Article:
Domino’s Pizza: A Case Study in Customer Feedback
At some point in time, we’ve all dealt with a customer who was unhappy. It’s natural. They’re promised a certain deliverable, feature, or service, and something breaks down. Some customers call you up, but others will express their disappointment to their colleagues, to their social media followers, and anybody else who will listen.
Sometimes you may fail to meet your customers’ expectations, but that doesn’t mean you can get angry or defensive and keep doing what you’re doing. It means you need to change. There is something that has failed, whether it’s a breakdown in communication or process or a bad product. Either way, you have to figure out what went wrong and fix the problem.
In 2010, the popular pizza chain Domino’s shifted their strategy after experiencing stiff competition and a major PR disaster. Before they made their changes, they committed to one simple strategy.
They listened to the bad feedback from their customers.
Setting the Stage
In 2010, Domino’s experienced a huge PR disaster thanks to a couple of terrible employees. In a highly inappropriate video, these employees contaminated ingredients and then placed these ingredients onto pizzas (which would then be served to customers).
Not only was the video disgusting, but it caused an outrage. This outrage caused the video to go viral. It was then picked up by a number of national news outlets.
It was a nightmare come true for any company.
This wasn’t the only thing playing against them. Their outlook looked quite bleak, even without this PR disaster. Strong competition in the industry, harsh customer criticism over the taste of pizzas, and low customer satisfaction were also playing against the company.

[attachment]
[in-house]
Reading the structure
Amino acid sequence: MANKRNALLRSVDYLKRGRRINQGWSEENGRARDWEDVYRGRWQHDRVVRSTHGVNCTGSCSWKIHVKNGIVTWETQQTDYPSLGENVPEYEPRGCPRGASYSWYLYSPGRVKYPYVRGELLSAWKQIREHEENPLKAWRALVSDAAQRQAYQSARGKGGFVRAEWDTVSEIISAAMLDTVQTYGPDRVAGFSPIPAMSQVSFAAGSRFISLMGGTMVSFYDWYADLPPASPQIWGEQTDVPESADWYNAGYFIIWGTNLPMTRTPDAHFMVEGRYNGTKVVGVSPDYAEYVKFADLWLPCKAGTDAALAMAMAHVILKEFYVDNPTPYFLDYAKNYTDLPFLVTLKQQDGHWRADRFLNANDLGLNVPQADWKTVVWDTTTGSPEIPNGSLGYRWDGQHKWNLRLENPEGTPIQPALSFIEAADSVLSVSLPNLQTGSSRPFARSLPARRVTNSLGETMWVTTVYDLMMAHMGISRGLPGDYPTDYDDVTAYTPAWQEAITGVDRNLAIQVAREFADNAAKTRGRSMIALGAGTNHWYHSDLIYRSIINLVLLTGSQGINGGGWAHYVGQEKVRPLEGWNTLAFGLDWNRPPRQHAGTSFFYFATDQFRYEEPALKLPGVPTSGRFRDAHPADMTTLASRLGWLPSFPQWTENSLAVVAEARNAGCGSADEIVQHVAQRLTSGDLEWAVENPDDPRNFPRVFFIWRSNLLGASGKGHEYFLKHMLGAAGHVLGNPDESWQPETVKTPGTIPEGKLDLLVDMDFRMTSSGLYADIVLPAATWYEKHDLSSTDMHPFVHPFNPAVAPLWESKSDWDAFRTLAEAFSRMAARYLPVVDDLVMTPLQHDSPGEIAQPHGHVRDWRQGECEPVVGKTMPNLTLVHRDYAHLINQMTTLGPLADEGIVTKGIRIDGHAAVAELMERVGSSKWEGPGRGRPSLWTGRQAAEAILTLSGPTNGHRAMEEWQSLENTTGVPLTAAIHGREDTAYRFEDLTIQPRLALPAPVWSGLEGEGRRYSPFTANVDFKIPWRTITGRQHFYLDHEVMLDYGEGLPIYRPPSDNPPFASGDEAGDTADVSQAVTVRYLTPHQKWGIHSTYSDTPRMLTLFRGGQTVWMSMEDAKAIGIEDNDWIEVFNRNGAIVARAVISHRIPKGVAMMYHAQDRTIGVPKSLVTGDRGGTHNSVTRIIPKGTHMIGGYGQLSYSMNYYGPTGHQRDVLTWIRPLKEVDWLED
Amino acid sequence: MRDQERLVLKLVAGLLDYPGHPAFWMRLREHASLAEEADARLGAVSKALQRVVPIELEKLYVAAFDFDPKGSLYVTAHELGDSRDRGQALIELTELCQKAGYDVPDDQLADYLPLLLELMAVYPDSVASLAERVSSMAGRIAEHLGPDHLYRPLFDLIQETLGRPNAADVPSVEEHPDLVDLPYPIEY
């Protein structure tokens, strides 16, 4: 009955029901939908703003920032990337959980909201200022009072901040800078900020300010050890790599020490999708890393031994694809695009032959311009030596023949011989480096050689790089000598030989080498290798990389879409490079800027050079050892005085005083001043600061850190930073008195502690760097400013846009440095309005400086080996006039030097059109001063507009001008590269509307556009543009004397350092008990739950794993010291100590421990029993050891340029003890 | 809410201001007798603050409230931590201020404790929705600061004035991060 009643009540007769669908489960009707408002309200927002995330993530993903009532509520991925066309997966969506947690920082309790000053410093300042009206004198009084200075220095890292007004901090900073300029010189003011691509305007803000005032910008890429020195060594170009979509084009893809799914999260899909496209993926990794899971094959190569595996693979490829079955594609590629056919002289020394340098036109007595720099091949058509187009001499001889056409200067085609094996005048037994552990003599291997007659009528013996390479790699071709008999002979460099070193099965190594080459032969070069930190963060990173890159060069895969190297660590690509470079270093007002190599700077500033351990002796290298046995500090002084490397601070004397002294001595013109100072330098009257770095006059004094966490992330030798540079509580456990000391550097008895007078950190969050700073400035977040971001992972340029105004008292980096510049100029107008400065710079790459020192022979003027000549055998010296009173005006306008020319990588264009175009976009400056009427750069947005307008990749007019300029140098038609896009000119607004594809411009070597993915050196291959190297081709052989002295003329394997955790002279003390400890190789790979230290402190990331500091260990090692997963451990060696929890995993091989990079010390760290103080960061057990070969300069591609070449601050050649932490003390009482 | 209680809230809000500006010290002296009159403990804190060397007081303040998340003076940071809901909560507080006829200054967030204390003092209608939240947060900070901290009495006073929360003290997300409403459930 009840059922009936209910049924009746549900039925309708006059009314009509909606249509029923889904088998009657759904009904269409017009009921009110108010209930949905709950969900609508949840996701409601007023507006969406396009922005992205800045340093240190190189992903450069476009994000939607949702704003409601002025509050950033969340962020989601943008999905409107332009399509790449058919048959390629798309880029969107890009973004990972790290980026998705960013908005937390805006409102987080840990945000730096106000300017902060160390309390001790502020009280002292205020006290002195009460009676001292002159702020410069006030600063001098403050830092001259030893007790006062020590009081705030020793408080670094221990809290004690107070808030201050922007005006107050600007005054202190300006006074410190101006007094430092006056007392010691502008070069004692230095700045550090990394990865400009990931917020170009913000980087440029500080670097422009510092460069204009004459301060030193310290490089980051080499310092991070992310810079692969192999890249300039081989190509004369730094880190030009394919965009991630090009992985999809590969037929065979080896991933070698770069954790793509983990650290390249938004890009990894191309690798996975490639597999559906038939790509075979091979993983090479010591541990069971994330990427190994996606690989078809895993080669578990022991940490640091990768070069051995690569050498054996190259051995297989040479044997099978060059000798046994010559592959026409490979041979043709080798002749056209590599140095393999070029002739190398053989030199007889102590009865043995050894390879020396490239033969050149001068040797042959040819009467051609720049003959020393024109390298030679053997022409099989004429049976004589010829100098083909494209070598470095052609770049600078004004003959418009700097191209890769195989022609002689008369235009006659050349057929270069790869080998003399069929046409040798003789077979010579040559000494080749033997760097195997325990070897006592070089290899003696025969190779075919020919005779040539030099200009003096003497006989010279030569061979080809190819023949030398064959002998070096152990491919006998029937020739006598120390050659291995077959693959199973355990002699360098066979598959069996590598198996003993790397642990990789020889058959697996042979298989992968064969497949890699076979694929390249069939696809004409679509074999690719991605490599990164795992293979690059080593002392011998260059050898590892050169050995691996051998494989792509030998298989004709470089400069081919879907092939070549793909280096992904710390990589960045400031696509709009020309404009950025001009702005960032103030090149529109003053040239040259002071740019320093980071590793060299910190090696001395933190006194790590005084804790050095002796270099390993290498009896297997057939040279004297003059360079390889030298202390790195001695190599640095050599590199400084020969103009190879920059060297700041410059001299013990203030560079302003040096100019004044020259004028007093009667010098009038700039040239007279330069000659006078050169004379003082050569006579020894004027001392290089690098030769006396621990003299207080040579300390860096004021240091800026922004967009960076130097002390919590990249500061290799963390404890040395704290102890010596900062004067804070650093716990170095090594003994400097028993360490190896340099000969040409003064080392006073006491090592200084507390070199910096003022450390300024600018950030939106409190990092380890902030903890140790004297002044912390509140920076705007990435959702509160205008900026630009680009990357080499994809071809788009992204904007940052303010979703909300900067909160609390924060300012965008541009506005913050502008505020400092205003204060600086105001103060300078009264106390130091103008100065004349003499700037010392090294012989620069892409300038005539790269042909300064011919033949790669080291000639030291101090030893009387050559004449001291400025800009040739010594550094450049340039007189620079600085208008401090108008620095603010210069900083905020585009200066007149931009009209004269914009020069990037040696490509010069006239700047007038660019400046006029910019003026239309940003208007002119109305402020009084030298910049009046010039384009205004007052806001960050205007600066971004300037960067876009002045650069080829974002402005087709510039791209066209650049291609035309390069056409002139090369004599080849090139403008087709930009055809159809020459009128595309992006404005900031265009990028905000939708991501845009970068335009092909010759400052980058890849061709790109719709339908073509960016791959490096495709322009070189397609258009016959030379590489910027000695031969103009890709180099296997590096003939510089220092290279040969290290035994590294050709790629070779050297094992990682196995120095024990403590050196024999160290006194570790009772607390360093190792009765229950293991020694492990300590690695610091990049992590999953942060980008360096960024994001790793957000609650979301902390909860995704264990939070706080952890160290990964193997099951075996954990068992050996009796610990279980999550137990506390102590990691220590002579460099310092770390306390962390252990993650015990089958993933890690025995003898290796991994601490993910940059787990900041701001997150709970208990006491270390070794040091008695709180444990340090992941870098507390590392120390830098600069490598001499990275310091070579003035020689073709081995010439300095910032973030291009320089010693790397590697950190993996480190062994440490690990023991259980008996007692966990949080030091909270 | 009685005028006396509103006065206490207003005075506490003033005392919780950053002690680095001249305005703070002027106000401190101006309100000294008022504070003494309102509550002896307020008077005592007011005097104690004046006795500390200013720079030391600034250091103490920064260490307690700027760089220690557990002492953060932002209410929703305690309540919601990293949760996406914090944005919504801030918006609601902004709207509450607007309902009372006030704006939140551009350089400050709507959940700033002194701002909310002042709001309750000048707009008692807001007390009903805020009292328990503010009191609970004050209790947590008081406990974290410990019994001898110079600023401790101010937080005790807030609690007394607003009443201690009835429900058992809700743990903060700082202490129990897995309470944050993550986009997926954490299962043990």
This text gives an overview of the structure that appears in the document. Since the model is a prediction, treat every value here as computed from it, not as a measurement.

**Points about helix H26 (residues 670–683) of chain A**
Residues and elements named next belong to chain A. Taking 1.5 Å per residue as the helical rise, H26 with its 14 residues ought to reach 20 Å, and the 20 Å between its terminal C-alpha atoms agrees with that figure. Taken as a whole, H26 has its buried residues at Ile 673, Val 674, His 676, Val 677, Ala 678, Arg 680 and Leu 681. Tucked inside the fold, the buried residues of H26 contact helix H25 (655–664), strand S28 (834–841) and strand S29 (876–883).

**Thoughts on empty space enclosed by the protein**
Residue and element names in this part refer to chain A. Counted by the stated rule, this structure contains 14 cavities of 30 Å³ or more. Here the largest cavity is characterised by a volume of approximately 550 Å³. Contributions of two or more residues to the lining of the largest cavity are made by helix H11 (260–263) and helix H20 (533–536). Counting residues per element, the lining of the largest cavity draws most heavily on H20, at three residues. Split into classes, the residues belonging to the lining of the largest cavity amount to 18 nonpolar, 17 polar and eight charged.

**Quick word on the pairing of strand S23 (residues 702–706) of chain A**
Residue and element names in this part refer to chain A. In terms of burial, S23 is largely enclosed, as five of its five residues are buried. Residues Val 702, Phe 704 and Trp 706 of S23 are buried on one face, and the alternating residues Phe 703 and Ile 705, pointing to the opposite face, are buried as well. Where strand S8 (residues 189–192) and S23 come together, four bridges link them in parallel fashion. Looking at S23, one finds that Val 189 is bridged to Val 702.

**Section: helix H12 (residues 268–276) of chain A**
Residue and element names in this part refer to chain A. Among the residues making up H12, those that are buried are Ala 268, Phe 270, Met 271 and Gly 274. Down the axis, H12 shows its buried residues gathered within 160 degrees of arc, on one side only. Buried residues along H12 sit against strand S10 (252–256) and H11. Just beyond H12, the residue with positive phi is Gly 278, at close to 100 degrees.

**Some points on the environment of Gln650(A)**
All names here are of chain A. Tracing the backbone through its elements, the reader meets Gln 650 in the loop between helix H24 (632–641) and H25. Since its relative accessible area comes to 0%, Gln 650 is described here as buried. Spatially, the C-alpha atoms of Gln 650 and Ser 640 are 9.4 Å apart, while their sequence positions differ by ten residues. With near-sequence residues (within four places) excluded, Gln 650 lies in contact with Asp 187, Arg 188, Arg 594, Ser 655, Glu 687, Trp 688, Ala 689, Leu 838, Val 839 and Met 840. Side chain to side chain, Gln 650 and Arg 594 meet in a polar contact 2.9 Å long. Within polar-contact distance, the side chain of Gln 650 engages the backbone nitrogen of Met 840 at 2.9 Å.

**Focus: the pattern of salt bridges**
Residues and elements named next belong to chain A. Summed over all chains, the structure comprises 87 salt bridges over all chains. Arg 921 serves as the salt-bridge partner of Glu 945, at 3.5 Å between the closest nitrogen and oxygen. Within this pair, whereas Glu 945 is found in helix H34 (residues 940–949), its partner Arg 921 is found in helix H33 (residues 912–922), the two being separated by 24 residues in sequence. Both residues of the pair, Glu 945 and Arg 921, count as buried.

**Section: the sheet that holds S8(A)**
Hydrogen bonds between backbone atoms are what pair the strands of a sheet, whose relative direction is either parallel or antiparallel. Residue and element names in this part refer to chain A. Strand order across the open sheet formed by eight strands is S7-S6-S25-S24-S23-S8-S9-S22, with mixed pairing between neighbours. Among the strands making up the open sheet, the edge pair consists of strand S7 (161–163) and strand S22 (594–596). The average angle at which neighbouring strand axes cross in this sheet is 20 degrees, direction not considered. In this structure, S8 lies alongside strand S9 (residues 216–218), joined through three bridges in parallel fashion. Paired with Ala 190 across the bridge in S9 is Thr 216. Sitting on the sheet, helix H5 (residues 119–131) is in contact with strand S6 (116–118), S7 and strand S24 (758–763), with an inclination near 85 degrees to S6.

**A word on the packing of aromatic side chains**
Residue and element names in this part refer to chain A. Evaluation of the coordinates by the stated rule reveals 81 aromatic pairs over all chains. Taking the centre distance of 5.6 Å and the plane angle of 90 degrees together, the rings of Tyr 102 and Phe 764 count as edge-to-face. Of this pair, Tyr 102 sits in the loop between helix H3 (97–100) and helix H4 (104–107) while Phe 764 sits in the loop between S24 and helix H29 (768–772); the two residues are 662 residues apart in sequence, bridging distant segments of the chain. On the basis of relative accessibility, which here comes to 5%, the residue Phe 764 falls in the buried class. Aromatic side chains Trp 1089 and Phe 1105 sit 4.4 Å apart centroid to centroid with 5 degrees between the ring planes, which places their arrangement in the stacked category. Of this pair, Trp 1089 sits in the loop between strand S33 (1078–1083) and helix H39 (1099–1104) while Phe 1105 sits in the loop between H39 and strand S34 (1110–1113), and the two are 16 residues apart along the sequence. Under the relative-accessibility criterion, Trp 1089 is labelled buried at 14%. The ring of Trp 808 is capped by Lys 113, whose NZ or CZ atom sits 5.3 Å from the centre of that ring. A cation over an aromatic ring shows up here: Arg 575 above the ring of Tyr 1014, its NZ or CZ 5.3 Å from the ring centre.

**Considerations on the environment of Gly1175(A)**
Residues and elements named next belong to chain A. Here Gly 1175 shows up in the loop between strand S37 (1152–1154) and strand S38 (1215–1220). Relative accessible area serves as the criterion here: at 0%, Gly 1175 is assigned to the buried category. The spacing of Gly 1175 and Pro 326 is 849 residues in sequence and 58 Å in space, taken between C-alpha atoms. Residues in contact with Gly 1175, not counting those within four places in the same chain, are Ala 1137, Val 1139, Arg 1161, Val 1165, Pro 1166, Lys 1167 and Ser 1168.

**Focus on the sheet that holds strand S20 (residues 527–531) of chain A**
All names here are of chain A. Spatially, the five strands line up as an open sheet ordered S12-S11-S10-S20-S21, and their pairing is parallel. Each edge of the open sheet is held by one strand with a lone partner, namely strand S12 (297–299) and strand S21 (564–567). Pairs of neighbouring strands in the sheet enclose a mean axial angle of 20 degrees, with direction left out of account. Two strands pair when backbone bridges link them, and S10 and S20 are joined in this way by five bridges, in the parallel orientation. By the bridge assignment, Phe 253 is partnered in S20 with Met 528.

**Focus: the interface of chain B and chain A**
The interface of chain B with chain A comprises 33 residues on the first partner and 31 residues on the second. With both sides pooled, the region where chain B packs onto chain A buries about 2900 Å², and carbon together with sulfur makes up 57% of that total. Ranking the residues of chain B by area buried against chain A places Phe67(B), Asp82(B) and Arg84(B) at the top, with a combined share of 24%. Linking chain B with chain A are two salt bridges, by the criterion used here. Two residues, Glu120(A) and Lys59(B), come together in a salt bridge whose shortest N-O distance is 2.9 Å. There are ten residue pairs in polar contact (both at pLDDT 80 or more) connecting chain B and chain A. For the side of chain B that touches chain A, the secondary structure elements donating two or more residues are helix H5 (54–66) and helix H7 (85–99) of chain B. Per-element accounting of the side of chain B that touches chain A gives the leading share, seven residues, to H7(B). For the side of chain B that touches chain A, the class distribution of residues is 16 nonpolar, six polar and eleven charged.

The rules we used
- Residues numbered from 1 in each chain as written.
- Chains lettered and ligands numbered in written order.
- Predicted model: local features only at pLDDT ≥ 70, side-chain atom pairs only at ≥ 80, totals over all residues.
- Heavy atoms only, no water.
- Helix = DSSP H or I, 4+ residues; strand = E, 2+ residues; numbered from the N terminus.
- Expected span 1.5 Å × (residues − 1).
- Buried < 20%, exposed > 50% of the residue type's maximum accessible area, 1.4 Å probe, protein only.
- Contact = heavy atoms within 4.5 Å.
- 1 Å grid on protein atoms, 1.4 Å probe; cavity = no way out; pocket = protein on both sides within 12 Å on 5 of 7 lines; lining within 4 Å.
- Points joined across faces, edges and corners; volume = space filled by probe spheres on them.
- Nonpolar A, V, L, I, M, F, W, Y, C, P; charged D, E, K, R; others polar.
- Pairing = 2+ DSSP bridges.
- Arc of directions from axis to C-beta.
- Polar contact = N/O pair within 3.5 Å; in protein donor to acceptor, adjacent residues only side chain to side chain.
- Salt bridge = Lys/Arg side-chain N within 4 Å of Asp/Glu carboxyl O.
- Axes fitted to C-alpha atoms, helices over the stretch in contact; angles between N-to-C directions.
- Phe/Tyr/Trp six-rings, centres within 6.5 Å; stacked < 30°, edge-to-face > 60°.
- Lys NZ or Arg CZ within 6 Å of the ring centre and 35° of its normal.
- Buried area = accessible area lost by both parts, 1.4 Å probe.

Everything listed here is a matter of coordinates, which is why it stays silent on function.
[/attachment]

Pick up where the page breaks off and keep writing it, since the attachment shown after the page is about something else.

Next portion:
Domino’s solution is something that probably would have made most of us shake our heads in a planning meeting. They admitted that their product was awful. It was, at the very least, a surprising strategy.
The company spent millions in creating a new pizza, improving its menu, and advertising this entire process.
The campaign they used was called Pizza Turnaround. They used the campaign to acknowledge the problems they were facing and reinvent their pizza “from the crust up.” This included extensive media coverage, advertising spots in every major market, documentaries, promotions, taste tests, and national research.
If you’re interested, you can find the Pizza Turnaround website here. It includes a lot of what they did to promote their big changes.
The strategy worked. Within months of releasing the campaign and the new pizza, Domino’s reported a jump of 14.3% in same-store sales, one of the largest increases ever recorded by a major fast-food chain. That happened despite a 3% decrease in the pizza-delivery business.
Dominos was also able to foster an open, continuing dialogue with customers using new digital channels, like social media. The whole approach is still working, with their stock being valued above $90 a share.
Why Should You Care?
You should care because this can happen to you. Your customers are putting trust in you when they purchase your product. They trust that what they have bought will fulfill their needs and will perform to the expectations you provide them.
When that doesn’t happen, there is only one good approach. Openness, humility, and transparency are the only way to move forward.